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Captain (Retd) Arthur Lortie

Captain Arthur Lortie is a man of honour and integrity. He served in the military for 32 years, including serving in the Korean War with the Royal 22nd Regiment. His military career allowed him to travel to numerous locations, which greatly impacted his life.

Quebec City, Quebec


Korea Cyprus Egypt
Arthur Lortie




  • Germany


  • Korea
  • Cyprus
  • Egypt

Arthur Lortie was born in 1932 into a family of 8 children in Quebec City. He remembers spending time with many service members as a young man during the Second World War. He attended Morissette school until grade 9 and later became an apprentice press operator with a newspaper for three years. The Korean War had broken out and he felt a desire to do his part. At age 18, he enlisted as a private on 28 February 1951, together with three of his brothers. Arthur and his younger brother completed their recruit training at Saint-Jean d’Iberville. Their military adventure continued in Rivers, Manitoba, where they were sent for an intensive parachuting training course.

“When you’re 18 years old and you’ve just completed your parachuting course, you feel so proud.”

Arthur and two of his older brothers were deployed to Korea in November 1951 as reinforcements for the Royal 22nd Regiment, which had just suffered significant battle casualties. They flew from Vancouver to Alaska, the Aleutian Islands and Japan. Before travelling to Korea, Arthur and his fellow soldiers completed their combat training in Haramura. He survived his trial by fire by crawling under barbed wire through machine gun fire, grenades, mortar attacks and artillery fire. This difficult and intense training gave him a preview of what was awaiting him. He arrived in Korea by boat in Busan and travelled by train to his position further north, in the Seoul area. He had a defensive position facing the enemy with his platoon in C Company. During the day, his duties included helping to reinforce the trenches and repairing barbed-wire fences. At night, he took part in contact patrols, observation patrols and reconnaissance patrols. His section participated in raids behind enemy lines. The hardships on the front lines led to the development of great friendships, team spirit and comradery among the soldiers.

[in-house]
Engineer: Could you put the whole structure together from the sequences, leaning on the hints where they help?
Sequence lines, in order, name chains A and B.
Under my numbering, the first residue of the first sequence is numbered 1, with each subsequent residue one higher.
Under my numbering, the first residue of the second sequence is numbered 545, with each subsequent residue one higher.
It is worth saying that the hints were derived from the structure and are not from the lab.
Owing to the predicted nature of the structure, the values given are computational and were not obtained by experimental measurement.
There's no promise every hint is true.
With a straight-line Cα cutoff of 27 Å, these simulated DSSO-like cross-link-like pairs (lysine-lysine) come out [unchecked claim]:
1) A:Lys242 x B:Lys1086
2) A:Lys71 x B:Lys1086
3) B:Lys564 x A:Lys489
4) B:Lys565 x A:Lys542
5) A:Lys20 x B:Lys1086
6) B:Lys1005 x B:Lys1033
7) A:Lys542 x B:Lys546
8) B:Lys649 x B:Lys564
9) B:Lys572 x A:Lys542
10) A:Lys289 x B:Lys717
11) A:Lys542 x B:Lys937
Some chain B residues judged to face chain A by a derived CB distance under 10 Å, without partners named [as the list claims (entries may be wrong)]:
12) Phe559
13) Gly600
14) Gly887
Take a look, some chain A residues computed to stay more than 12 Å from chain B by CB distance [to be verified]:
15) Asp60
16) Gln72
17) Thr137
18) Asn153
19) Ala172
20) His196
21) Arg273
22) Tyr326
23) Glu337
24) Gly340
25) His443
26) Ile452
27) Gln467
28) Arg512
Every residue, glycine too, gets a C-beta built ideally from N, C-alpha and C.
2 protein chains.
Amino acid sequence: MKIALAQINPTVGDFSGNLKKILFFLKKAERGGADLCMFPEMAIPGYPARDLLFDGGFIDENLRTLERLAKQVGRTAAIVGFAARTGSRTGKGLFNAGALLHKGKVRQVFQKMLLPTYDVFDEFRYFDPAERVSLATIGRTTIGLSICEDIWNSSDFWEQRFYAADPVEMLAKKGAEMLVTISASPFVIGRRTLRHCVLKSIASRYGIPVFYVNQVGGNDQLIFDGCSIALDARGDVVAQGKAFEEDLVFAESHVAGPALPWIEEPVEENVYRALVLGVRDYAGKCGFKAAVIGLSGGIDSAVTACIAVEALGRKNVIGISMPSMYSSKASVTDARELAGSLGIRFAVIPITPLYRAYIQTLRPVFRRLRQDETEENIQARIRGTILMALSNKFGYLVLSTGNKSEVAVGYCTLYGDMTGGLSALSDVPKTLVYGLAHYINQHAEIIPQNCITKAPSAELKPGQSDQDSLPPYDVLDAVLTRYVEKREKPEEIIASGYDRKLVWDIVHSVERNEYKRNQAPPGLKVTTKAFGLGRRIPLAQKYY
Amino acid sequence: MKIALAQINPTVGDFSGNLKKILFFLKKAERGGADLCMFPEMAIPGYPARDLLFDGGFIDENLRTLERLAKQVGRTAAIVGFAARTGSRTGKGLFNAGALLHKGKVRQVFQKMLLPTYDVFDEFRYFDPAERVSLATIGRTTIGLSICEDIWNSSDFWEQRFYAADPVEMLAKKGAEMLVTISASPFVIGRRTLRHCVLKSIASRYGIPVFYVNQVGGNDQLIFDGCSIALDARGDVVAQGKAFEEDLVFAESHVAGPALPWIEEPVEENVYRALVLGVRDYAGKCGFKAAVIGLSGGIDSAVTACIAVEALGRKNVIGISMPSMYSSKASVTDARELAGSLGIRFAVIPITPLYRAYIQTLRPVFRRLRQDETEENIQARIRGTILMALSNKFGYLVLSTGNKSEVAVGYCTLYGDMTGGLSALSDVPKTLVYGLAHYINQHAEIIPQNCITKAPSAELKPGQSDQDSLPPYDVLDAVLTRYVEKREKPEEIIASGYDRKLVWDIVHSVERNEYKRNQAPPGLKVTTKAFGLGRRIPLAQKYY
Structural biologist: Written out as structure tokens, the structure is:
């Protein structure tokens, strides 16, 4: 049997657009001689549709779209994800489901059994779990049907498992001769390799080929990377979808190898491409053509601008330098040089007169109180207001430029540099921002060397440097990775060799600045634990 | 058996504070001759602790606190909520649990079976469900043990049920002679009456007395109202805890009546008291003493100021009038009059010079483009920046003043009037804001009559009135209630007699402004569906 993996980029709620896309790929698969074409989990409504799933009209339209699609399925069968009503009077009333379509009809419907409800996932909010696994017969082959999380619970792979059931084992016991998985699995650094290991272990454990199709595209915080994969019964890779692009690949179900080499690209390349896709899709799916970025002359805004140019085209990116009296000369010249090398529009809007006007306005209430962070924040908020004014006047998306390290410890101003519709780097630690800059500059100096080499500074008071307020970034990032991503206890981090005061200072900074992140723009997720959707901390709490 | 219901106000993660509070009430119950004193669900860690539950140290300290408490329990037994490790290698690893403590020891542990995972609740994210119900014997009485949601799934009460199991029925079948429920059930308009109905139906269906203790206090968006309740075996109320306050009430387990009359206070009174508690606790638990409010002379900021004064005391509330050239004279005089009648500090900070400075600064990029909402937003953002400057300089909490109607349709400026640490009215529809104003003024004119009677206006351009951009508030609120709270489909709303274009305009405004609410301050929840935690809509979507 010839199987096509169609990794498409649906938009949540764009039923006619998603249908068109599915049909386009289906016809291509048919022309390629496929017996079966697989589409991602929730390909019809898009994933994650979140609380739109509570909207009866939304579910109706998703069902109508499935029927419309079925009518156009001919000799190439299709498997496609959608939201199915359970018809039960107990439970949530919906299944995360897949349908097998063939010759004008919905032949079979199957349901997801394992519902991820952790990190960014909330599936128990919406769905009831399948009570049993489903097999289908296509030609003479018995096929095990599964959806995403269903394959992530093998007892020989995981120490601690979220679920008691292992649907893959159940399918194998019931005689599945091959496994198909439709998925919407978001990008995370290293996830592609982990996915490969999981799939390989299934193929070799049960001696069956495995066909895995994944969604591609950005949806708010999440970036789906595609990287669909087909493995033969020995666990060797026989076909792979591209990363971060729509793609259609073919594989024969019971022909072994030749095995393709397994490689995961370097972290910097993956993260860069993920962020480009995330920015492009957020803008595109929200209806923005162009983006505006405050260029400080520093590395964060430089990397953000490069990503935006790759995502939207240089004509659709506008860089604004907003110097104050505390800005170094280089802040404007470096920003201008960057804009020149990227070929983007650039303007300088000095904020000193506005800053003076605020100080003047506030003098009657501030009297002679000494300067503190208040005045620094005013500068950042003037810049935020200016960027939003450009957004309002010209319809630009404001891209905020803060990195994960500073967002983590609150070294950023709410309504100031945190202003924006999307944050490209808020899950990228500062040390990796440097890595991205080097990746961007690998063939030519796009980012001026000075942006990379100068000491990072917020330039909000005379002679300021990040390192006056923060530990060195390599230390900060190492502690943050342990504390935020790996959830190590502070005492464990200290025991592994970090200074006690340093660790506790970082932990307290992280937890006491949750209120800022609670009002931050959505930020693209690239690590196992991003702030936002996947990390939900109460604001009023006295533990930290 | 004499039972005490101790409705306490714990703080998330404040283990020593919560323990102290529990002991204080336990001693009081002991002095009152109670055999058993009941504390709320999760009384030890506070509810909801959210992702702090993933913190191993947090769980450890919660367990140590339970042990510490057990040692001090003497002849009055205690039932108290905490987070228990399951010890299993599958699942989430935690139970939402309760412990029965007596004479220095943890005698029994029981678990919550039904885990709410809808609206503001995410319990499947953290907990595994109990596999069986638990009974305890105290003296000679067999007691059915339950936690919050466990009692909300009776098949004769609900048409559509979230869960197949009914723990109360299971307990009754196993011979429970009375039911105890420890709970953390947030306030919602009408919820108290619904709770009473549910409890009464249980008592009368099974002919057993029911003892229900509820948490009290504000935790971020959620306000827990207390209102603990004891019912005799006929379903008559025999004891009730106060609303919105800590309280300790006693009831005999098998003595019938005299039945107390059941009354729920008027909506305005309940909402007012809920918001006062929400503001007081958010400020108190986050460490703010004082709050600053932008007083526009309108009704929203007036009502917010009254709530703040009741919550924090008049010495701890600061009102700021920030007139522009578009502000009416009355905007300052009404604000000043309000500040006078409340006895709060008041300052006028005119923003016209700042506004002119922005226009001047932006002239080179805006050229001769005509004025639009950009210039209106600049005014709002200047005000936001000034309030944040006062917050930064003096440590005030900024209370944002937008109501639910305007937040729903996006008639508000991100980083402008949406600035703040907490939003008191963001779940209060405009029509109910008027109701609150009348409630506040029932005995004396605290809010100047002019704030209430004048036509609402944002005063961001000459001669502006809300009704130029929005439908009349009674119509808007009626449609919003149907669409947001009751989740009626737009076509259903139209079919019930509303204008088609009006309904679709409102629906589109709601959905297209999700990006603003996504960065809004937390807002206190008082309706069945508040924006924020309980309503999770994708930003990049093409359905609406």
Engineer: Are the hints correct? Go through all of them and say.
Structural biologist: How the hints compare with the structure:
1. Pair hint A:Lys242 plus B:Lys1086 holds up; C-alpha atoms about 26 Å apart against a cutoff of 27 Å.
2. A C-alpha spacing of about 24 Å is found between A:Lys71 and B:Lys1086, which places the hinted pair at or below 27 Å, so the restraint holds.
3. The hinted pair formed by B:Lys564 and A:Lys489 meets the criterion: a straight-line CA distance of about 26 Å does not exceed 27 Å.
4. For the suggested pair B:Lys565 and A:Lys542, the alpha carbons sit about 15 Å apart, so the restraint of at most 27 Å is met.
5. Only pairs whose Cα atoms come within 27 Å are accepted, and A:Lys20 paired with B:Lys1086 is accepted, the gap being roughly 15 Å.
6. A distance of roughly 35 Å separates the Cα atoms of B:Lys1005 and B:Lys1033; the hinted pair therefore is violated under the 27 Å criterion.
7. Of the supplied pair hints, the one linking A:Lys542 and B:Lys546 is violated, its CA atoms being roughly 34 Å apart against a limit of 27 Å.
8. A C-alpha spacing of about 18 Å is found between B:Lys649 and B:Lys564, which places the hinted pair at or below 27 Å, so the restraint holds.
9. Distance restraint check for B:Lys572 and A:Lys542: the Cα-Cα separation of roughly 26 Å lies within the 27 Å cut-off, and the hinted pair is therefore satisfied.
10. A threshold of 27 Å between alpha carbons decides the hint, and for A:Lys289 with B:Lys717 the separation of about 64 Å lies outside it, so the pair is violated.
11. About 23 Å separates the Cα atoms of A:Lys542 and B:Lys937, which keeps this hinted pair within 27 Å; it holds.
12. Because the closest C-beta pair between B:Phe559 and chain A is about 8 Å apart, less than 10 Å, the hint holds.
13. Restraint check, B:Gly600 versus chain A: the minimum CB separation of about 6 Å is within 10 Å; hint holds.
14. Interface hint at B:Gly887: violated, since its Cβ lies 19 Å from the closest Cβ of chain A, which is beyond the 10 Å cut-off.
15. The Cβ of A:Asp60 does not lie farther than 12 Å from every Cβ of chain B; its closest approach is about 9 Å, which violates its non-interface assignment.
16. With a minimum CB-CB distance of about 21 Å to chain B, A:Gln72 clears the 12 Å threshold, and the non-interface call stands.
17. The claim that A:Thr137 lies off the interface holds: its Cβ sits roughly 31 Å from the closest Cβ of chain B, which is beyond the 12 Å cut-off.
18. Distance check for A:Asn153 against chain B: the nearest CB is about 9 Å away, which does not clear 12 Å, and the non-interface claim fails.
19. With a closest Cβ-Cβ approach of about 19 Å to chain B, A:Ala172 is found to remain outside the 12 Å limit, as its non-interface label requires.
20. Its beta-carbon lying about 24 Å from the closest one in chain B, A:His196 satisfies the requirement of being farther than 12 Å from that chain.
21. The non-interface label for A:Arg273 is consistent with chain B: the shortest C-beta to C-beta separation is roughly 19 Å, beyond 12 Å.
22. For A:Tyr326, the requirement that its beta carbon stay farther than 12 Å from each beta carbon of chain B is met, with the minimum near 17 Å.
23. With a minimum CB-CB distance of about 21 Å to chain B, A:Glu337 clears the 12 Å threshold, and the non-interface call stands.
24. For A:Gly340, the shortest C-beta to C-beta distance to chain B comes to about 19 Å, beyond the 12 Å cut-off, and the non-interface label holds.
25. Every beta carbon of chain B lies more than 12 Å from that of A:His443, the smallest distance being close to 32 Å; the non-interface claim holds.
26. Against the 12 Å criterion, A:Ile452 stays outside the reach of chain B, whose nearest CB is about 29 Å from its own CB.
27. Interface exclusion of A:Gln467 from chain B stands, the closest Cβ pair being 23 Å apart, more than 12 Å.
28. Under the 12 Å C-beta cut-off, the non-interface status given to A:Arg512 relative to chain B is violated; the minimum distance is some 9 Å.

“For six months, living in the trenches, in a hole, where the only communication is with the guy next to you [ …] in your dugout, there’s a certain team spirit, a comradery that exists that becomes really strong. The guys really came together—this is what helped us get through the hardships.”

After the Korean War, Arthur Lortie was posted to Germany, where, together with four of his brothers, he received a unique and highly rewarding opportunity. He then served in Cyprus and in Egypt, rising through the military ranks. He was in charge of 10 officers and 39 men. From infantry soldier to captain, he got to see both sides of the coin. He had two careers: as a non-commissioned officer and an officer.

As he reflected on his military career, Captain Lortie said that there was nothing he would change. For him, education is the way forward. He encourages young people to enlist because the discipline that he gained in the Armed Forces was an asset throughout his life. He explained that it is important to understand that, once you are in the Armed Forces, you need to know how to give and how to accept.

“For me, Remembrance Day means the memories of what I experienced, what I saw, the friends I lost. It’s the young people today who are on a mission. Today, missions are still very dangerous.”

In July 2023, Arthur Lortie was a member of the Government of Canada delegation to commemorate the 70th anniversary of the Korean War armistice.

Arthur Lortie (left) holding a snake in Korea, in 1952.

With courage, humility and pride in his service: Captain Arthur Lortie is one of our Canadian veterans. Discover other stories.

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